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Spring 2015 In This Issue: 2

President’s Corner Richard Beasley

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Thank you to Steve Fisher Robbie Forder

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INCOSE 25th Anniversary Alan Harding

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Report from INCOSE International Workshop 2015 Richard Beasley, Alan Harding, Ivan Mactaggart, Ian Gibson, Ian Presland

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I am a Systems Engineer and I do: Laura Shrieves

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INCOSE Academic Team Report Academic Team

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Communications Process Hazel Woodcock

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Volunteering in INCOSE Richard Beasley

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Professional Development Lynn Davis

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ASEC2015 17th – 18th - get involved Jon Holt

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INCOSE UK Individual Membership Update INCOSE UK Secretariat

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News from the UK Advisory Board (UKAB) Kirsty Akroyd-Wallis

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INCOSE Events Calendar

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defining the standard and details. At the time of writing we await the result of government review of the proposed standard. The intended outcome for the apprentice will be both a “practitioner” level of Systems Engineering knowledge, based on the UK Competency Framework, and readiness to apply for CEng. We are looking at the level of support and engagement INCOSE UK will provide to the operation of this scheme although I am anxious not to over commit our resources. Engagement could include, definition of the standard for success, strongly linked to the proposal to develop a competency-based equivalent to CSEP reported in the outcomes from the International Workshop, advice to mentors and apprentices in determining specific programmes of learning, alignment of academic course learning objectives to the Competency Framework and the provision of approved assessors for the end point review. There is every intention to generalise the apprenticeship to make it applicable to every domain, not just defence. Exciting times for INCOSE UK.

President’s Corner Welcome to the spring 2015 edition of Preview. It seems no time at all since my first introduction in the last edition of Preview. It has certainly been a busy time. As Chapter President my main activity has been attendance and representing the UK Chapter at the INCOSE International Workshop in Torrance. It was the first time I have attended this event in a “Chapter leadership” role and it was certainly a new experience to represent the viewpoint of the whole UK Chapter, rather than just my own. There is a detailed report on the activities at the International Workshop later in this edition of Preview. Outside that, my main INCOSE UK activities have been associated with various aspects of promoting professionalism. There are two items of importance to share with you.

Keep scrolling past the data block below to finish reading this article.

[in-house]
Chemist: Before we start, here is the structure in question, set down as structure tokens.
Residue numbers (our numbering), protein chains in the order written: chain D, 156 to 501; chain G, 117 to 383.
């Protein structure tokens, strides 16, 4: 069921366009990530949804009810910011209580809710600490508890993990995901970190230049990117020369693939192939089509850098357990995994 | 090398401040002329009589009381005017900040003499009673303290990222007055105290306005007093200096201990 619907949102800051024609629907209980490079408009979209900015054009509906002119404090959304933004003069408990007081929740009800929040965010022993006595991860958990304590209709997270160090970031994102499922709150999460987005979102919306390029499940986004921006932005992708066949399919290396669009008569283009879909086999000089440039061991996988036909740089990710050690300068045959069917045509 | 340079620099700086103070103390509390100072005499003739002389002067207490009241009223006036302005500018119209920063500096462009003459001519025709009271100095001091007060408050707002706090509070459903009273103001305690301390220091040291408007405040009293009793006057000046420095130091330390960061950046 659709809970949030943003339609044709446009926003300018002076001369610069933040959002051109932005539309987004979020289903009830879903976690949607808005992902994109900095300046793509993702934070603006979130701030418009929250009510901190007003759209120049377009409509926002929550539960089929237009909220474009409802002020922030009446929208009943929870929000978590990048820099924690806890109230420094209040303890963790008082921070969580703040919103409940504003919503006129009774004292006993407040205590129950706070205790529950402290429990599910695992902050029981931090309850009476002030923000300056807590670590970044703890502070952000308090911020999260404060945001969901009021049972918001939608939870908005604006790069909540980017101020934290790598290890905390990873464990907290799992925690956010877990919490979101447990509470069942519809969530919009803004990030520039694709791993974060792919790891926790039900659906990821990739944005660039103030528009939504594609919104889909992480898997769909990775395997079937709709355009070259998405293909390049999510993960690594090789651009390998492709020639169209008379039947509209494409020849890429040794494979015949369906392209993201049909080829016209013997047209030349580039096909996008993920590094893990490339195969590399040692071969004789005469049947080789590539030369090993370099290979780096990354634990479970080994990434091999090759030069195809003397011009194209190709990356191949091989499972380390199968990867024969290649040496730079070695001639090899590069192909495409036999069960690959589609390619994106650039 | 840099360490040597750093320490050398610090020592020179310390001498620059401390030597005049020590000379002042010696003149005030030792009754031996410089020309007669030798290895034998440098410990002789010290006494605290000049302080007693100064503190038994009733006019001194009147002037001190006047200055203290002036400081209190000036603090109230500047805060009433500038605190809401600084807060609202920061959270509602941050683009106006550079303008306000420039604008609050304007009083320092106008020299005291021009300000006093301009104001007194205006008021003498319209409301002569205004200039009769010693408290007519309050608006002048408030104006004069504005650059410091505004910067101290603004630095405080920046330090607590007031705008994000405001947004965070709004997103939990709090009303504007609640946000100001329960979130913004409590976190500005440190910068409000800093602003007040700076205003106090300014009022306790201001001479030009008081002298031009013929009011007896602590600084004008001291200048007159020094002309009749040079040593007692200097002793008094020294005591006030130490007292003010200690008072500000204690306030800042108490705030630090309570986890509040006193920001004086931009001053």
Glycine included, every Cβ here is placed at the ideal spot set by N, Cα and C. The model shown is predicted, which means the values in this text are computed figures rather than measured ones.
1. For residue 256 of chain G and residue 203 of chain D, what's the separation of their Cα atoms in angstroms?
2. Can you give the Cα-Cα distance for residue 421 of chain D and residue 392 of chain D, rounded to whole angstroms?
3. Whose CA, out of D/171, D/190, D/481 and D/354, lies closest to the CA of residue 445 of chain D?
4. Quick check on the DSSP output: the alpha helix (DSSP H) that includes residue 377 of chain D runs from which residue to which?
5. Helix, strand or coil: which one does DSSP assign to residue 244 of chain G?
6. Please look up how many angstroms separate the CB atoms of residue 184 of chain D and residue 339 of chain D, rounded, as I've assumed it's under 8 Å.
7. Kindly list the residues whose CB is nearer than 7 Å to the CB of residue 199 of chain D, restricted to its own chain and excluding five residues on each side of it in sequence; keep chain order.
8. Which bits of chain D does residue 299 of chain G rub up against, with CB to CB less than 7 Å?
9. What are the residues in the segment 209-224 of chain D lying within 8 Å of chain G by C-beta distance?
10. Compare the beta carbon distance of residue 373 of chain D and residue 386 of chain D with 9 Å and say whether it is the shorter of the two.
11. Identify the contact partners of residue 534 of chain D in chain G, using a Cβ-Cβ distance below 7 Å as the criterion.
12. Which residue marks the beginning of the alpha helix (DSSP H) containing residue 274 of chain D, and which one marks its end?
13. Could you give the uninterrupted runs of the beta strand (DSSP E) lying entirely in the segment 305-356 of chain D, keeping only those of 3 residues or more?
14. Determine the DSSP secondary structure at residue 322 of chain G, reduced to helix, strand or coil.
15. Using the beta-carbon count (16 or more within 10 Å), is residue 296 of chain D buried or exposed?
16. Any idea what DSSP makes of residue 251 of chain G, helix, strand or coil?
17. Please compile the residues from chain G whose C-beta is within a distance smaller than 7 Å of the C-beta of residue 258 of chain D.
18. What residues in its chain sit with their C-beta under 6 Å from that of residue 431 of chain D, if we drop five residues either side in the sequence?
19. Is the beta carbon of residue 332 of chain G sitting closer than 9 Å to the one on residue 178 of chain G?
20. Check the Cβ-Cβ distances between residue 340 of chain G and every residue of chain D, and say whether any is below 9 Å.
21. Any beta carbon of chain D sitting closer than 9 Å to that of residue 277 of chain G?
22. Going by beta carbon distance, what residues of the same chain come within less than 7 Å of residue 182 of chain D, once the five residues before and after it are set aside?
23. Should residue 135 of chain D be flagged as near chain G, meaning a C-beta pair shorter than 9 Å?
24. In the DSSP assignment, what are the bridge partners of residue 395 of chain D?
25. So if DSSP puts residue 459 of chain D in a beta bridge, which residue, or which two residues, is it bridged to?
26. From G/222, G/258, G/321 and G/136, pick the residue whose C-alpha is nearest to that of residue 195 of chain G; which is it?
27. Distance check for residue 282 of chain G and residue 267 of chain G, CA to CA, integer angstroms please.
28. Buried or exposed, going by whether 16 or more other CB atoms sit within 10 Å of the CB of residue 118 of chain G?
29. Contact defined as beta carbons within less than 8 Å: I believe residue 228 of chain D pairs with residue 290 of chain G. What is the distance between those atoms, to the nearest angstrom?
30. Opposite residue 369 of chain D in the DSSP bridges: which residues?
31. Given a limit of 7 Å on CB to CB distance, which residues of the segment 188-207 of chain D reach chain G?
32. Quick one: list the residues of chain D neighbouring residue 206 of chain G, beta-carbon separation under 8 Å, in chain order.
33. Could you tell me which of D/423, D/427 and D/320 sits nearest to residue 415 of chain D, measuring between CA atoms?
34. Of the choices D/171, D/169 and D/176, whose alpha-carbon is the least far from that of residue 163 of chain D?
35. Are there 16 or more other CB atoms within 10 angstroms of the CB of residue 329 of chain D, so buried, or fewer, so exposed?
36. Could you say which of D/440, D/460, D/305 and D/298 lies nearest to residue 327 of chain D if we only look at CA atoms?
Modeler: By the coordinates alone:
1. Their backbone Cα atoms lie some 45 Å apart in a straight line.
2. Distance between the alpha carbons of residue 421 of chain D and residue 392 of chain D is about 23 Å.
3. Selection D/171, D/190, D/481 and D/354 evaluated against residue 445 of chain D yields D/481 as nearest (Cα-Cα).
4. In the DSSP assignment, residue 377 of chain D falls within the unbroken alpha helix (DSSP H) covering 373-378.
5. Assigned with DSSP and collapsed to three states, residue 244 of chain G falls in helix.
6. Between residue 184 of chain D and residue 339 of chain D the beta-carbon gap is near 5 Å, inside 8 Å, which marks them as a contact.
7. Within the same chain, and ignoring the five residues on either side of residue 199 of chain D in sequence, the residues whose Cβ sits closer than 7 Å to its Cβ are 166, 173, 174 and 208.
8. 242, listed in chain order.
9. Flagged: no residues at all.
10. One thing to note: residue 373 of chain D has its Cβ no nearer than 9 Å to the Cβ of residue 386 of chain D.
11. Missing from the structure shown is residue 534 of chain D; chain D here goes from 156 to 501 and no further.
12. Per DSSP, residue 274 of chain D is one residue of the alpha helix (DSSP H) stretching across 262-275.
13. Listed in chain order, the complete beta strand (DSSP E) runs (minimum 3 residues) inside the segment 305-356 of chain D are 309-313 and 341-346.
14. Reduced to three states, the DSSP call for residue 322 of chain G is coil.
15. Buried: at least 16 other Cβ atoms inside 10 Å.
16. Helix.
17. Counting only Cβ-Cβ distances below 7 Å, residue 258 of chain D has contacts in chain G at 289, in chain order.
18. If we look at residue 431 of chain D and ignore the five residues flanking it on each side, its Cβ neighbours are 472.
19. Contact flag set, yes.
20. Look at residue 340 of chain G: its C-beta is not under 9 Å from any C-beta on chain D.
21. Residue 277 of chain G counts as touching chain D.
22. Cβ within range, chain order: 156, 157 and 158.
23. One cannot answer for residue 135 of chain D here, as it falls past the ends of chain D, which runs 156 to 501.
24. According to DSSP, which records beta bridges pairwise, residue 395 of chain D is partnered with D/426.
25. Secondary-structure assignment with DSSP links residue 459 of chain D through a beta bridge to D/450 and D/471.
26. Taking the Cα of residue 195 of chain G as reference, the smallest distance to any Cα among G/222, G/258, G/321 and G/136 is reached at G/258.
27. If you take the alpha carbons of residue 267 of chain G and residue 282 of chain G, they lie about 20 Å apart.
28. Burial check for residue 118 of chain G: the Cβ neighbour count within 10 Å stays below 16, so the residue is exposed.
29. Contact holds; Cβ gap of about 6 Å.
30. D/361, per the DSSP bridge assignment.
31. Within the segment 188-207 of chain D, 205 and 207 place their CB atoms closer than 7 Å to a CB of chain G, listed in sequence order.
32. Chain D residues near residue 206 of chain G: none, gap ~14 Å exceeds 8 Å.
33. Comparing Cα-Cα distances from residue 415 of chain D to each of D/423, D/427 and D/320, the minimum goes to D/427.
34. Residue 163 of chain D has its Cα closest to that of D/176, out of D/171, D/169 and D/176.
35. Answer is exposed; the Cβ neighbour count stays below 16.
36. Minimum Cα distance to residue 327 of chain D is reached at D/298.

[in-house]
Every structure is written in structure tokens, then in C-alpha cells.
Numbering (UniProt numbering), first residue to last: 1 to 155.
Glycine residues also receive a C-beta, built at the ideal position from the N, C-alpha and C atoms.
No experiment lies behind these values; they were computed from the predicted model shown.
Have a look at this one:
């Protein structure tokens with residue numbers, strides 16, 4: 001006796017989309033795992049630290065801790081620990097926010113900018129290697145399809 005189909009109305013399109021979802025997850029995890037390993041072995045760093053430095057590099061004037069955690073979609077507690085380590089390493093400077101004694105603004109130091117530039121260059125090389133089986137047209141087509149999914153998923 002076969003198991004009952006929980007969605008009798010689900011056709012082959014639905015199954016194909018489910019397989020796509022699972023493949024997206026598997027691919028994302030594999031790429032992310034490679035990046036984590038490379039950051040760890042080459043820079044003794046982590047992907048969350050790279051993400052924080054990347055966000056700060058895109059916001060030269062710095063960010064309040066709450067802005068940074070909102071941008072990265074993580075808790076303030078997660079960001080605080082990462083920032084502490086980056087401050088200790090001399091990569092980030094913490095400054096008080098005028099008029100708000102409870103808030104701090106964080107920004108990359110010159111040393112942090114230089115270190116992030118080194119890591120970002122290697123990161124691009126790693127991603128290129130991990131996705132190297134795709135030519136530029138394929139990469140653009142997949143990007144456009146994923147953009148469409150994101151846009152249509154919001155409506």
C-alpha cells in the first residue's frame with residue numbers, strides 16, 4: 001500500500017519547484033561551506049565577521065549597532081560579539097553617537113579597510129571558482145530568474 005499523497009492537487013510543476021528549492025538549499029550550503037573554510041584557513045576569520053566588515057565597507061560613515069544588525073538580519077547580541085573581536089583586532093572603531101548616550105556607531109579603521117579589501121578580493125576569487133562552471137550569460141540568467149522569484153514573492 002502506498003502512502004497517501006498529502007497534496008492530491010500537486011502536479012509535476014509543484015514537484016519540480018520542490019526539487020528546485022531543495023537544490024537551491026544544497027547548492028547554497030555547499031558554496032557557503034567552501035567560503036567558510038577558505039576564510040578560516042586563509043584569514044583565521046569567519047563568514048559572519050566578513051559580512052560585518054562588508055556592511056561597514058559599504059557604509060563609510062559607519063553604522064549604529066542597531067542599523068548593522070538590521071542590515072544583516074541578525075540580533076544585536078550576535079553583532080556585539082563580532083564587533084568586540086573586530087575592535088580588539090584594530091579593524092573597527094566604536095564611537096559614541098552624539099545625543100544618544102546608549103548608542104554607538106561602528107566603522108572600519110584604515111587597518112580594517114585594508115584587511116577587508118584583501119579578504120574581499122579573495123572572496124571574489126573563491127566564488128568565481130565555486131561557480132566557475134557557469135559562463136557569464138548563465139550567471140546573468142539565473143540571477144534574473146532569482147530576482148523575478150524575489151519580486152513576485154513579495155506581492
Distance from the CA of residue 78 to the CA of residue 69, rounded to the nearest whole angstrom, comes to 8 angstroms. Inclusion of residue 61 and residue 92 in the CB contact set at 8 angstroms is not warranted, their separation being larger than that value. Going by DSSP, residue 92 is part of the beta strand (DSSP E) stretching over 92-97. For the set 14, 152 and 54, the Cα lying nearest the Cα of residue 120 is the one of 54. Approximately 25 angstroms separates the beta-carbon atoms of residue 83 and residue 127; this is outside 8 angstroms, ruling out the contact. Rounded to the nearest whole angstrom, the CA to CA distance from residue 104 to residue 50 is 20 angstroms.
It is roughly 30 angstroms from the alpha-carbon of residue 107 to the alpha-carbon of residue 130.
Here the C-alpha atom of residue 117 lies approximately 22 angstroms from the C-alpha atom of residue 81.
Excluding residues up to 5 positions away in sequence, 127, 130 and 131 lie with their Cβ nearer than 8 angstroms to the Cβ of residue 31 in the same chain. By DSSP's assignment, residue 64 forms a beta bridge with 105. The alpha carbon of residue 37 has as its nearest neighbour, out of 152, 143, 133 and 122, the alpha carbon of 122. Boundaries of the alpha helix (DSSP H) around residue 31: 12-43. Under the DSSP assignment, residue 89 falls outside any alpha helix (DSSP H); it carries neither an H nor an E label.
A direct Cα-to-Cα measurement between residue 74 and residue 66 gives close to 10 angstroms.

Finally, as I write, the news is full of discussion from the twitter world about the colour of “that dress”. There is an important Systems Engineering issue in this. In Systems Engineering, and especially in application of Peter Checkland’s Soft Systems Methodology, it is important to recognise that different stakeholders can look at the same thing and see totally different things. What could be a clearer illustration than some people looking at a picture and seeing “black and blue” and others, including me in case you wondered, seeing “white and gold”. This illustrates that it is perfectly possible for two people to see the same thing totally differently and we must always, as professional systems engineers, avoid falling to the easy assumption that others see the world and situations the same way as we do, and spend our time searching for these assumptions that can lead to expensive problems and delays.